Here's another bit from Musk (and there's still a lot more in the article). Here he's defending human space exploration instead of relying exclusively on probes:
    ‘Well, we are sending probes,’ Musk told me. ‘And they are very expensive probes, by the way. They aren’t exactly bargain-basement. The last RC car we sent to Mars cost more than $3 billion. That’s a hell of a droid. For that kind of money, we should be able to send a lot of people to Mars.’
It's obvious he's thought about space exploration. I'm sure he also thought about India's recent Mars success. India last week became the first nation to send a probe to Mars successfully the first time. Their budget was only $74 million. Both of those things -- success on first try and for only $74m -- are astounding. India did something so fantastic it's almost absurd. Those facts undoubtedly got Musk's wheels turning. SpaceX, after all, is a private American company that is way ahead of India in terms of budget and technology (and capability).

There is one giant flaw in Musk's dream of a large colony on Mars, in my view. He can't do it on his own. One company, SpaceX, with on visionary, Musk himself, won't succeed. Many titans, and I mean tech titans, need to come together. Mars One is already way ahead, it seems, in planning. Can't Musk sit down with them, and also Gates and Ellison and Allen and Zuckerberg and Branson, to make a joint project? All of them together, with many I didn't name, could easily pool a trillion dollars (or 3T) and do a Mars colony properly, and without waiting 50 years. NASA is a victim of failed U.S. leadership, which values getting people on welfare more than space exploration, but there are plenty of billionaires around who could unite if they chose to make things happen.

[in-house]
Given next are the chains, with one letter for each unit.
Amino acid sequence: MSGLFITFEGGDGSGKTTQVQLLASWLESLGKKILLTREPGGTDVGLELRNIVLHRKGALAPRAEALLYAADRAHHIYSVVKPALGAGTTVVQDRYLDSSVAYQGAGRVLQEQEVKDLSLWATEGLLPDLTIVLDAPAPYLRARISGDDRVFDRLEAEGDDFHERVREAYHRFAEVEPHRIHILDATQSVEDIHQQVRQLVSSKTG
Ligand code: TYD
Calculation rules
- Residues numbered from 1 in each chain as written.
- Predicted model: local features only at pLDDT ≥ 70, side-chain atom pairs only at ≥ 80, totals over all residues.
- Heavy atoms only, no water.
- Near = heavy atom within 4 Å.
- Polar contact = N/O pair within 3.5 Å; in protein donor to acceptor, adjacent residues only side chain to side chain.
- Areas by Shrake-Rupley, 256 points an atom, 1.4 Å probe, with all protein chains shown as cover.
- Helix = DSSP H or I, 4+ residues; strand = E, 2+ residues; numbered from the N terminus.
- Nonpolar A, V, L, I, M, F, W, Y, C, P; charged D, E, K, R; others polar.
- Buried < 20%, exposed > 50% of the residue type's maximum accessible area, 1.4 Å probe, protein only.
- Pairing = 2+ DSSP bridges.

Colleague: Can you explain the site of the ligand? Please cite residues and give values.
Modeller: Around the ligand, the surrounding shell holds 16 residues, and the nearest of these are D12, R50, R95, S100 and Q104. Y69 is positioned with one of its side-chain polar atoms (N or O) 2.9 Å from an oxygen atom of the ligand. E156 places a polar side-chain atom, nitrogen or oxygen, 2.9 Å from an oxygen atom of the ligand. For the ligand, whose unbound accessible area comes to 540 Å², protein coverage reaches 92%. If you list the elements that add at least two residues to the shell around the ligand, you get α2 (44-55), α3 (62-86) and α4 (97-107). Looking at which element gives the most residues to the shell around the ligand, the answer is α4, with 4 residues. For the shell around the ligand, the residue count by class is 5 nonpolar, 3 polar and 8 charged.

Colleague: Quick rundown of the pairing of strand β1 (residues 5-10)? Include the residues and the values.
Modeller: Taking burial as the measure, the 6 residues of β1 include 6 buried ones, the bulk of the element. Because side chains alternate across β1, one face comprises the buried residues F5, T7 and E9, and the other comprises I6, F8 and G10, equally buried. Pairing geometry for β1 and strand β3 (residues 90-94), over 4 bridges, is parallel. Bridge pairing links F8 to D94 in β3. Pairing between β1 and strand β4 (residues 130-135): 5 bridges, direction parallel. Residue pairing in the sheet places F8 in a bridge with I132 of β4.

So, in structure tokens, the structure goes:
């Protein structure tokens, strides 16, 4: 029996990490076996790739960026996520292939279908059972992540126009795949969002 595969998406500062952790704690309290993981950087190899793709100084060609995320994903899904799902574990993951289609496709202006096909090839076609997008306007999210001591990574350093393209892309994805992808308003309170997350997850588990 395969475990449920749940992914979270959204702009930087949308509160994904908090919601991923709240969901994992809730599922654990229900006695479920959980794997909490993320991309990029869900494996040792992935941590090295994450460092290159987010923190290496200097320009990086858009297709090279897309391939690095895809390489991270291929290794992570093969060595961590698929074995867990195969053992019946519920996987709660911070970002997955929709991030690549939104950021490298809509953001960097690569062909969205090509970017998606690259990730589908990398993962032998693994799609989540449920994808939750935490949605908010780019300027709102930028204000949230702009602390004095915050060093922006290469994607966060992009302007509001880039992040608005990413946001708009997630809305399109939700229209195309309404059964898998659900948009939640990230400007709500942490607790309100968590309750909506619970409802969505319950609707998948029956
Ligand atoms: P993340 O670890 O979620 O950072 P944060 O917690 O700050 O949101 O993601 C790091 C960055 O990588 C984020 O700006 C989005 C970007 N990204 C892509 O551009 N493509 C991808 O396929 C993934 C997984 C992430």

Friday, September 26, 2014

Wednesday, September 24, 2014

The Robin Hood of Greece

The BBC has produced a fine piece about a notorious criminal in Greece. By all accounts, he lives frugally and gives stolen money to the poor, hence the comparison to Robin Hood. He has been captured and imprisoned twice, and each time he escaped by helicopter. Today he is free and on the run, or in hiding.

Story here.

Tuesday, September 16, 2014

MIT ranked No. 1 university on Earth for 3rd time in row

MIT is ranked No. 1 and has been in the top spot for three years running. The U.S. claimed 11 out of the 20 top spots. BBC story here. I always see these kinds of rankings, and when you couple that with some of the achievements here -- 1st silicon chip, internet, man on the moon, etc. -- you immediately see the disconnect between reality and the western media, which never misses an opportunity to mention how fat and stupid we are.

Another interesting tidbit: every new Ferrari sold today has GM shock absorbers, according to car magazines. Technically, Ferrari licensed the electromagnetic ferro-fluid patented by General Motors, and invented by Cadillac engineers. The shocks are filled with an oil permeated by microscopic metal flakes. When an electrical current is run through the oil, it can compress and decompress many times per second, which works well for modern stability control. Ferrari couldn't make better shocks, so they bit the bullet and licensed GM technology. Not bad for ignorant fat people, eh?